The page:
Popular Slang Words That No One Uses Anymore

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11. Bumper
> When this word was first in use: 17th century

Bumper has a number of meanings, including a generous glass of an alcoholic drink. It dates back to the 1600s and was included in Samuel Johnson’s dictionary in 1755. Nobody calls a full glass a bumper now, but they might have a bumper crop.

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12. Fandangle
> When this word was first in use: 19th century

Fandangle, a useless or purely ornamental thing, dates back to 1835 and is thought to have originated in the southern United States. It may derive from fandango, the Spanish dance (which also features in the lyrics of Queen’s “Bohemian Rhapsody”).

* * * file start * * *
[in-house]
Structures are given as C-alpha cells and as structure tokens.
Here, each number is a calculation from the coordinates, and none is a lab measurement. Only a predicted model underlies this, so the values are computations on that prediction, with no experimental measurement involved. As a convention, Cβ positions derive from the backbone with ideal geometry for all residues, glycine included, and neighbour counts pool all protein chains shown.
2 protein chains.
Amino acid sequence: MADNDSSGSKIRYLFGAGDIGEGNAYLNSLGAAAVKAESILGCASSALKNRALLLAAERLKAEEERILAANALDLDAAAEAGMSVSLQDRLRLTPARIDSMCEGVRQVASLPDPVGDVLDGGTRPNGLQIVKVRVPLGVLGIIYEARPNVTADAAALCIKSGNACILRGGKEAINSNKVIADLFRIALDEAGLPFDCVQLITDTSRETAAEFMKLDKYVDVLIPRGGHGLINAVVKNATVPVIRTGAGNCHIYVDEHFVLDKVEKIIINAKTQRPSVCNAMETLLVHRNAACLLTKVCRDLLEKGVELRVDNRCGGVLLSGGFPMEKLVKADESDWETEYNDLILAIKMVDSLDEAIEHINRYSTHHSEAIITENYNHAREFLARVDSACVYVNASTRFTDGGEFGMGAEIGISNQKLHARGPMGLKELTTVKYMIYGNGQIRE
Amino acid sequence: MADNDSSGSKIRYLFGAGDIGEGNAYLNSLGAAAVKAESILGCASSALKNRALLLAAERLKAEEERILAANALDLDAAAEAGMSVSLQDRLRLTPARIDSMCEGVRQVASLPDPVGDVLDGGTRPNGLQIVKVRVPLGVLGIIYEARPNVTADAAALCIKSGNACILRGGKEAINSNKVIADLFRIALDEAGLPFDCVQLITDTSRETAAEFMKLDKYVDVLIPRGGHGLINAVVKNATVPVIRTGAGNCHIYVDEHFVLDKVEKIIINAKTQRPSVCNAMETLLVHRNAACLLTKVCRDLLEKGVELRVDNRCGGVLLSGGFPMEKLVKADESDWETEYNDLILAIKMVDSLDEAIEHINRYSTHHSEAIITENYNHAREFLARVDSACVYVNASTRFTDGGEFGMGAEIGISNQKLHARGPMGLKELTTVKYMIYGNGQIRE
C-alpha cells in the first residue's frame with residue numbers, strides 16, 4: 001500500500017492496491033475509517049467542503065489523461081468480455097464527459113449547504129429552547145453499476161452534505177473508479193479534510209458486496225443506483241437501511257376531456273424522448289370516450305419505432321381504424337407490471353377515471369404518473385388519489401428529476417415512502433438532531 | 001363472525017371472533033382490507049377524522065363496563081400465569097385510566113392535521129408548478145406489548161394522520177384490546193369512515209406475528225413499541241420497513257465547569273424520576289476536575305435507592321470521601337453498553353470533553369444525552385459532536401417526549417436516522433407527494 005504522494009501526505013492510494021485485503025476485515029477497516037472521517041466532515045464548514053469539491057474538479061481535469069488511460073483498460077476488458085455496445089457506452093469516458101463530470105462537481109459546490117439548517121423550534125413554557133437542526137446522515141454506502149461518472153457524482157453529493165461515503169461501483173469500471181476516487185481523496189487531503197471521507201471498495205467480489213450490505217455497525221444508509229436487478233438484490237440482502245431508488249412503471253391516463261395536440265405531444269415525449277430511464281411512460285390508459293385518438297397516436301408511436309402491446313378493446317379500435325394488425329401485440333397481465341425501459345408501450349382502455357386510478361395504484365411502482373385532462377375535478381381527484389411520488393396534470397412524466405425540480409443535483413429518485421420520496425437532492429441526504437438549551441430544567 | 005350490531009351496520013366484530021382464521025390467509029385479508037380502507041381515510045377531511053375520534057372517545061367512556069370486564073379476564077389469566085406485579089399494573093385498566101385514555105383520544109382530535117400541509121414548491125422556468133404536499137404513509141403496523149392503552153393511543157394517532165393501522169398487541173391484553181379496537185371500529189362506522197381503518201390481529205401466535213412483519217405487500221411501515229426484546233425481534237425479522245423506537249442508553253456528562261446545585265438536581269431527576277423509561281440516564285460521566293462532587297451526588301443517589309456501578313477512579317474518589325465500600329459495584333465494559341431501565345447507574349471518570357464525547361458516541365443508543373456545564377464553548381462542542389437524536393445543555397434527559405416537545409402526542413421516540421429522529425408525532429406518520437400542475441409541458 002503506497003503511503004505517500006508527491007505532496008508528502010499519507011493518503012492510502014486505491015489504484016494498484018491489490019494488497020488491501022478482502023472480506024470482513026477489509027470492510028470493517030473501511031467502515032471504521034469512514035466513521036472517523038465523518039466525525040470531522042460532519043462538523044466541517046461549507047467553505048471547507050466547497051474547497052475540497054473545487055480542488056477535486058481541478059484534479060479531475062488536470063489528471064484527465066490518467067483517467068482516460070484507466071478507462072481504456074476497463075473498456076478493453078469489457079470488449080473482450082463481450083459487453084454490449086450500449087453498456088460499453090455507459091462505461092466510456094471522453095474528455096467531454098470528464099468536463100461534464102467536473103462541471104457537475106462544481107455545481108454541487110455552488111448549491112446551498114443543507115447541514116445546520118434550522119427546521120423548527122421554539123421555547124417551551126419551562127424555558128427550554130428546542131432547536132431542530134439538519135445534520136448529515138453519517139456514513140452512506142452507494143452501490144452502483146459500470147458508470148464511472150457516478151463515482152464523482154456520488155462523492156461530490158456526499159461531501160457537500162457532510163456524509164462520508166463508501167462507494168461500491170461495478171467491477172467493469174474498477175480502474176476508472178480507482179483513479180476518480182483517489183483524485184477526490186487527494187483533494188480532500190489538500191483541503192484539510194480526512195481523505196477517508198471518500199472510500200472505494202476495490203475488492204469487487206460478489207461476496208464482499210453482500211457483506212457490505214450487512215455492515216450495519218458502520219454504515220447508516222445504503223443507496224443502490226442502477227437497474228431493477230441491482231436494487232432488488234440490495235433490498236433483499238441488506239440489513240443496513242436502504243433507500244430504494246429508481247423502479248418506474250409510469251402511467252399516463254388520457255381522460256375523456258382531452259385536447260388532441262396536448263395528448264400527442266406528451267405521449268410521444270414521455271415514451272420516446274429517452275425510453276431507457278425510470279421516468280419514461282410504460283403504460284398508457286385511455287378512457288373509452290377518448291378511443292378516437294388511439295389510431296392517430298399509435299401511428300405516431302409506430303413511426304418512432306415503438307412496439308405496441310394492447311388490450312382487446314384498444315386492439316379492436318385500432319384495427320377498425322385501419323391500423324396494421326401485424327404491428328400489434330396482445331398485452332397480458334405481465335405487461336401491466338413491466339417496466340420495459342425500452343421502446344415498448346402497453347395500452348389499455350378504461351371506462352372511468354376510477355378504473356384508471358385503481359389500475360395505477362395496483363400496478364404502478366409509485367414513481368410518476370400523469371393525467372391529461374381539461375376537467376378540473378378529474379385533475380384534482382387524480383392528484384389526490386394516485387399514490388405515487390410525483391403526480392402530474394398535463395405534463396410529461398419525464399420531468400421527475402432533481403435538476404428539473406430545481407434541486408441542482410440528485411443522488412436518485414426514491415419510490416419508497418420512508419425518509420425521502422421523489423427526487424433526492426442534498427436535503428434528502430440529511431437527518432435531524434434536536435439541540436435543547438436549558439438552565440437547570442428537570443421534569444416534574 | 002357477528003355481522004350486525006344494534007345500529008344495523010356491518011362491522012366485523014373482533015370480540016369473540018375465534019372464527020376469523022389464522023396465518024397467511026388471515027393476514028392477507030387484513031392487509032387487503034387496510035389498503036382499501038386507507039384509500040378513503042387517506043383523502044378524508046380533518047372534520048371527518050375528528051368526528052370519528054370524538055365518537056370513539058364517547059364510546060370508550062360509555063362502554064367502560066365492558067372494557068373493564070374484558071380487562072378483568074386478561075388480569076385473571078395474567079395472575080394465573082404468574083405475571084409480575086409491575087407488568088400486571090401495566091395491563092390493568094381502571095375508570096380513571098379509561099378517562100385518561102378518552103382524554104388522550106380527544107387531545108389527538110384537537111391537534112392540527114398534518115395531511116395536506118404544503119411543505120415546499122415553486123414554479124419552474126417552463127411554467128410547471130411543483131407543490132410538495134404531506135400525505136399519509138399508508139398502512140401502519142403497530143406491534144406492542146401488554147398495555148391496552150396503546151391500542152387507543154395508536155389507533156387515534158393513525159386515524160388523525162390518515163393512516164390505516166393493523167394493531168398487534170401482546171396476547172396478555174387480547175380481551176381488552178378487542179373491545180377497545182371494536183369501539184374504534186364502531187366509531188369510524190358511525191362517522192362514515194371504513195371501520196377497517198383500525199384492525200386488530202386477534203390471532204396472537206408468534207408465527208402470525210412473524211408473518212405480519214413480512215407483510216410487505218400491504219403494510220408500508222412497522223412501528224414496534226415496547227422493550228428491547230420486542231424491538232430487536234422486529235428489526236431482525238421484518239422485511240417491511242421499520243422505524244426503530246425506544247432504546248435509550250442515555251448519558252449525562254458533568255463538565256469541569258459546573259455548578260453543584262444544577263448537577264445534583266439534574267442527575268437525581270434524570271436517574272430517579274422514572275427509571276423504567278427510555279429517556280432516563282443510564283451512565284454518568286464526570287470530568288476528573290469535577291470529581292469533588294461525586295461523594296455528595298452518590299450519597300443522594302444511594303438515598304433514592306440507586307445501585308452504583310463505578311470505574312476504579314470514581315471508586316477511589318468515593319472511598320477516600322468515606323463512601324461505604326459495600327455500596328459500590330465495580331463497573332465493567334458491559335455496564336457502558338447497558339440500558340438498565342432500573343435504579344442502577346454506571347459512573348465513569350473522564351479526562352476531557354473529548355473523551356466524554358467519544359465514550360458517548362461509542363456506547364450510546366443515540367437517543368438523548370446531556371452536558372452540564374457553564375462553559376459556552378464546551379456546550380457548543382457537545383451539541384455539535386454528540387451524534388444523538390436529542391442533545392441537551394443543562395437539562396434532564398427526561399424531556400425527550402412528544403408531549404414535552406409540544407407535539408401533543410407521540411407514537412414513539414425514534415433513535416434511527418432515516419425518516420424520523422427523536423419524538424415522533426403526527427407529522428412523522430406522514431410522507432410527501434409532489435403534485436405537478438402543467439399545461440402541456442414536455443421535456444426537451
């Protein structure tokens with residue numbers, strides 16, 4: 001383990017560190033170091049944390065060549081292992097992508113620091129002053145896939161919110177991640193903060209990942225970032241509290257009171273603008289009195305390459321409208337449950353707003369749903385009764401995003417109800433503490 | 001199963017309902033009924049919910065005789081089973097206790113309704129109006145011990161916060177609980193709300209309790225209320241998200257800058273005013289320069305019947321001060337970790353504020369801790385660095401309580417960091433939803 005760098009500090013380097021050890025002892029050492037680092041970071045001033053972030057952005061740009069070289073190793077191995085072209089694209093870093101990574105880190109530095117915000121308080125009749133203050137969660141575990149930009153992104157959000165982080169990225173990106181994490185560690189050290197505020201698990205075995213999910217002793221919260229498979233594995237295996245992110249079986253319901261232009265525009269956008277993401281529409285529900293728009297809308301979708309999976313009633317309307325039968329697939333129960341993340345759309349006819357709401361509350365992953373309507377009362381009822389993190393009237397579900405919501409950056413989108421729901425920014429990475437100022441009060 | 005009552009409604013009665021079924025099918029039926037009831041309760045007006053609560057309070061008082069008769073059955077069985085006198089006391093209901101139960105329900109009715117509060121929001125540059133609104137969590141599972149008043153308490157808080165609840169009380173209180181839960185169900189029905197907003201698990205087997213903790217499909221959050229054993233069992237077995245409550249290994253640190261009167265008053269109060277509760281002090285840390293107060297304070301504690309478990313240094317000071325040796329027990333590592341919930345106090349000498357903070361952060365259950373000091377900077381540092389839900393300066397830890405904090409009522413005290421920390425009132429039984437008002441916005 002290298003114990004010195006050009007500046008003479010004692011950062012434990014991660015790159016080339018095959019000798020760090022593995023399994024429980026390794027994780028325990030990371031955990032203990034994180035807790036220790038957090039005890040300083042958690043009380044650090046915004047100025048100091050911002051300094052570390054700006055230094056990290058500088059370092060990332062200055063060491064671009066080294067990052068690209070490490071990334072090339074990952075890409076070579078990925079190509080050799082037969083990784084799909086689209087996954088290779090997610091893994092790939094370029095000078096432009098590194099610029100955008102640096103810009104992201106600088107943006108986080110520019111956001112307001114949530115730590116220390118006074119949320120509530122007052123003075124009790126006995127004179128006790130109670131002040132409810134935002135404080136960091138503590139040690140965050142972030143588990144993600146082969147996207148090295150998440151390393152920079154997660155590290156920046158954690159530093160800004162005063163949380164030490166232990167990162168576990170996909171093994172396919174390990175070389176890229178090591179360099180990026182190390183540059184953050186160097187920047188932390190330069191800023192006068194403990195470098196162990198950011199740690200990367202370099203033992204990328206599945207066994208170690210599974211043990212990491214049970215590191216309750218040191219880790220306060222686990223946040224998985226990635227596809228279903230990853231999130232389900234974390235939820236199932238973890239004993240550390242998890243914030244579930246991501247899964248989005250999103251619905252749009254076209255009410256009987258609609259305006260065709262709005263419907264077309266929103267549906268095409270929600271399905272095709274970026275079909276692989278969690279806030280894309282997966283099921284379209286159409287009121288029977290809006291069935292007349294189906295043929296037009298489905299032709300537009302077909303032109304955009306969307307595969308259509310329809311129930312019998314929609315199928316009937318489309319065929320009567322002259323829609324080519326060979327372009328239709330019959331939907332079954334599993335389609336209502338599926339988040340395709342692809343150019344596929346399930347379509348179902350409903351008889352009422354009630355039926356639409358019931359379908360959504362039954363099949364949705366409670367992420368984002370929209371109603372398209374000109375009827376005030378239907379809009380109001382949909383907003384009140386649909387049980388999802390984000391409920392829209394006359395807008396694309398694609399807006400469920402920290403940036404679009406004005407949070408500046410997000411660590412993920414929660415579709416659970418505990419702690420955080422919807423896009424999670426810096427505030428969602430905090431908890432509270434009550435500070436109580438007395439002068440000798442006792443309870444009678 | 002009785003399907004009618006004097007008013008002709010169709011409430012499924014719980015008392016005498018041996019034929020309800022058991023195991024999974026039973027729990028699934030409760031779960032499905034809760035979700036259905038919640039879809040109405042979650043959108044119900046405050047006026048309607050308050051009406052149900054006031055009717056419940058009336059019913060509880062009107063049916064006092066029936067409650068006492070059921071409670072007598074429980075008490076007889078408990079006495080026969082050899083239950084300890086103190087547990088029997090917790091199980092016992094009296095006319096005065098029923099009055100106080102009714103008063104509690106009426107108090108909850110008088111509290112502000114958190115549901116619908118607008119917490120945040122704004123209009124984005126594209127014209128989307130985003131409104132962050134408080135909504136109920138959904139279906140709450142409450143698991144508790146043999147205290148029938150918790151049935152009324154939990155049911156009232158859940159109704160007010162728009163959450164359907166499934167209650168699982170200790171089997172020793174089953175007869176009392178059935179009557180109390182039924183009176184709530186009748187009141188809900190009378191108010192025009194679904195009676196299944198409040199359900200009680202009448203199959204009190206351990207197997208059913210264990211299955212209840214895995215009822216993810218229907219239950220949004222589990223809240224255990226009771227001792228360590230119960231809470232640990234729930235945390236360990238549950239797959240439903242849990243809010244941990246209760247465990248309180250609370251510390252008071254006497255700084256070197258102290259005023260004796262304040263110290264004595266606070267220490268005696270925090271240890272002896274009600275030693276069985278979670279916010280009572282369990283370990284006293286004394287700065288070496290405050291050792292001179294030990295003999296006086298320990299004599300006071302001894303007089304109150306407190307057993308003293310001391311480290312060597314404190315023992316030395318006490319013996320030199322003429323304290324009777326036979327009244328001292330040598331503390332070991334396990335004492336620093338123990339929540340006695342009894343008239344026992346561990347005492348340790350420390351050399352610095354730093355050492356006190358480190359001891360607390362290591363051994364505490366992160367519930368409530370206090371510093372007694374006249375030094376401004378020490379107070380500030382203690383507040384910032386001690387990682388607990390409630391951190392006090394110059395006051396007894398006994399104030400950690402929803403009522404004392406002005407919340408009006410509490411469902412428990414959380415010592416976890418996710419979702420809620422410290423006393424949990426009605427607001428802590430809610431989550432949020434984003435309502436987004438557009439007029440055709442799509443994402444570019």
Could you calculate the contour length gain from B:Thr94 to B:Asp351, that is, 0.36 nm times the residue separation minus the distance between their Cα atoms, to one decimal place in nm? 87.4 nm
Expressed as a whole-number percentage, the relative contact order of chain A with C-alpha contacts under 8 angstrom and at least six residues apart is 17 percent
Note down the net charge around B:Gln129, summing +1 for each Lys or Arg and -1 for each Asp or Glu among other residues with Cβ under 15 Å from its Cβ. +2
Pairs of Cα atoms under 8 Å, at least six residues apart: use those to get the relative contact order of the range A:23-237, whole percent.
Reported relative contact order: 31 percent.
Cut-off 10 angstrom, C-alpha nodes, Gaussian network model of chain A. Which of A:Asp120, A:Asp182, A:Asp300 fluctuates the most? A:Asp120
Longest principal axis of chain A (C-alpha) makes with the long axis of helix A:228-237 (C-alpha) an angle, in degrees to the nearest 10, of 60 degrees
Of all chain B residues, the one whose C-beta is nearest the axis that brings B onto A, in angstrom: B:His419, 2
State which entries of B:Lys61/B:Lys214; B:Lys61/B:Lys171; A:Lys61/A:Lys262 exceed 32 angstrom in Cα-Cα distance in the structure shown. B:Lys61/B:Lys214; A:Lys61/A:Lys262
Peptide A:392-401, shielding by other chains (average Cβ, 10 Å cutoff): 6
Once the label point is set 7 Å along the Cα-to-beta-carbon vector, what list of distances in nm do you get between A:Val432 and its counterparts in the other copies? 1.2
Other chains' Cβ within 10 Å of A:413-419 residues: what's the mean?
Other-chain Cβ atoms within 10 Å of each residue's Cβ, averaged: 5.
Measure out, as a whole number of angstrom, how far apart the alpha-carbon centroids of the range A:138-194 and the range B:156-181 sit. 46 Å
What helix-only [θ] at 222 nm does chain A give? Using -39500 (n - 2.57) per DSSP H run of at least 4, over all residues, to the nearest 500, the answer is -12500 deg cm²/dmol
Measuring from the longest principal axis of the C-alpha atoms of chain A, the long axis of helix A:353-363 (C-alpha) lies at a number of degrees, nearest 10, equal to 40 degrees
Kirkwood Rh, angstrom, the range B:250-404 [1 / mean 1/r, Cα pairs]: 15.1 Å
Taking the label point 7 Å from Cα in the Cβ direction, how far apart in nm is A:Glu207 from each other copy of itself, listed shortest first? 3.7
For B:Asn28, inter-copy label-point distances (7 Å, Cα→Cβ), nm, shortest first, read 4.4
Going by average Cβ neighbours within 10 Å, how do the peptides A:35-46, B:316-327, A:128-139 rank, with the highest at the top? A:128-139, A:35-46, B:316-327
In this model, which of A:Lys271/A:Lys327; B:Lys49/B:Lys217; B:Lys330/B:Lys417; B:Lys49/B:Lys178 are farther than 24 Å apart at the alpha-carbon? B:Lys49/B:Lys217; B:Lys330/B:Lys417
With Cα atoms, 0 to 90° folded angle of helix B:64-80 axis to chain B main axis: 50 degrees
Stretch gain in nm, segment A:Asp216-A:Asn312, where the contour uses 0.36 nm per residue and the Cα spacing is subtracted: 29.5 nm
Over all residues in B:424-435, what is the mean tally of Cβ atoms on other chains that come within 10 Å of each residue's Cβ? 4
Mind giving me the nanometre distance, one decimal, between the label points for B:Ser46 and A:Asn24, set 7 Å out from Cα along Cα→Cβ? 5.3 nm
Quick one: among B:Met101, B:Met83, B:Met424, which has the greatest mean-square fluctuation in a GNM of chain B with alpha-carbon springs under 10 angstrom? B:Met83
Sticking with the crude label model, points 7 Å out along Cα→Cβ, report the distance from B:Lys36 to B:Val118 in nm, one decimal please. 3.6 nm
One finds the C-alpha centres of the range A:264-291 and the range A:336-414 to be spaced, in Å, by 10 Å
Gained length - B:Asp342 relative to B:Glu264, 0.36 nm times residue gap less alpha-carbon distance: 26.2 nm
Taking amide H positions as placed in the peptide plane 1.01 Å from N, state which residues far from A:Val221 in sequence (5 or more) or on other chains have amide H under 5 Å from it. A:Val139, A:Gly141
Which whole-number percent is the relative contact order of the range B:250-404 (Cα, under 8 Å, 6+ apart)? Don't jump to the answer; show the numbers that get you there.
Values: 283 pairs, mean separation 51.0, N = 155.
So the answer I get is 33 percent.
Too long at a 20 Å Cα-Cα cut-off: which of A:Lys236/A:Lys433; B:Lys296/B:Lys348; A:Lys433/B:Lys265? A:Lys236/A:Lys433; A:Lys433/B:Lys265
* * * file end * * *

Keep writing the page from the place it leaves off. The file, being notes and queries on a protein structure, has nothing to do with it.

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13. Ye
> When this word was first in use: pre-12th century

Ye is an Old English word for you plural. While it sounds archaic to American ears it is still used in parts of Britain and Ireland.

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14. Ambuscade
> When this word was first in use: 16th century

Ambuscade, meaning ambush, derives from Old Italian by way of Middle French. It originally meant forest, a good place for an ambush.

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15. Baseborn
> When this word was first in use: 16th century

Baseborn, meaning of low birth or social standing, dates back to the 16th century. It’s probably a good thing that it’s no longer used as it reflects class-consciousness and the stigmatization of illegitimacy that are no longer acceptable.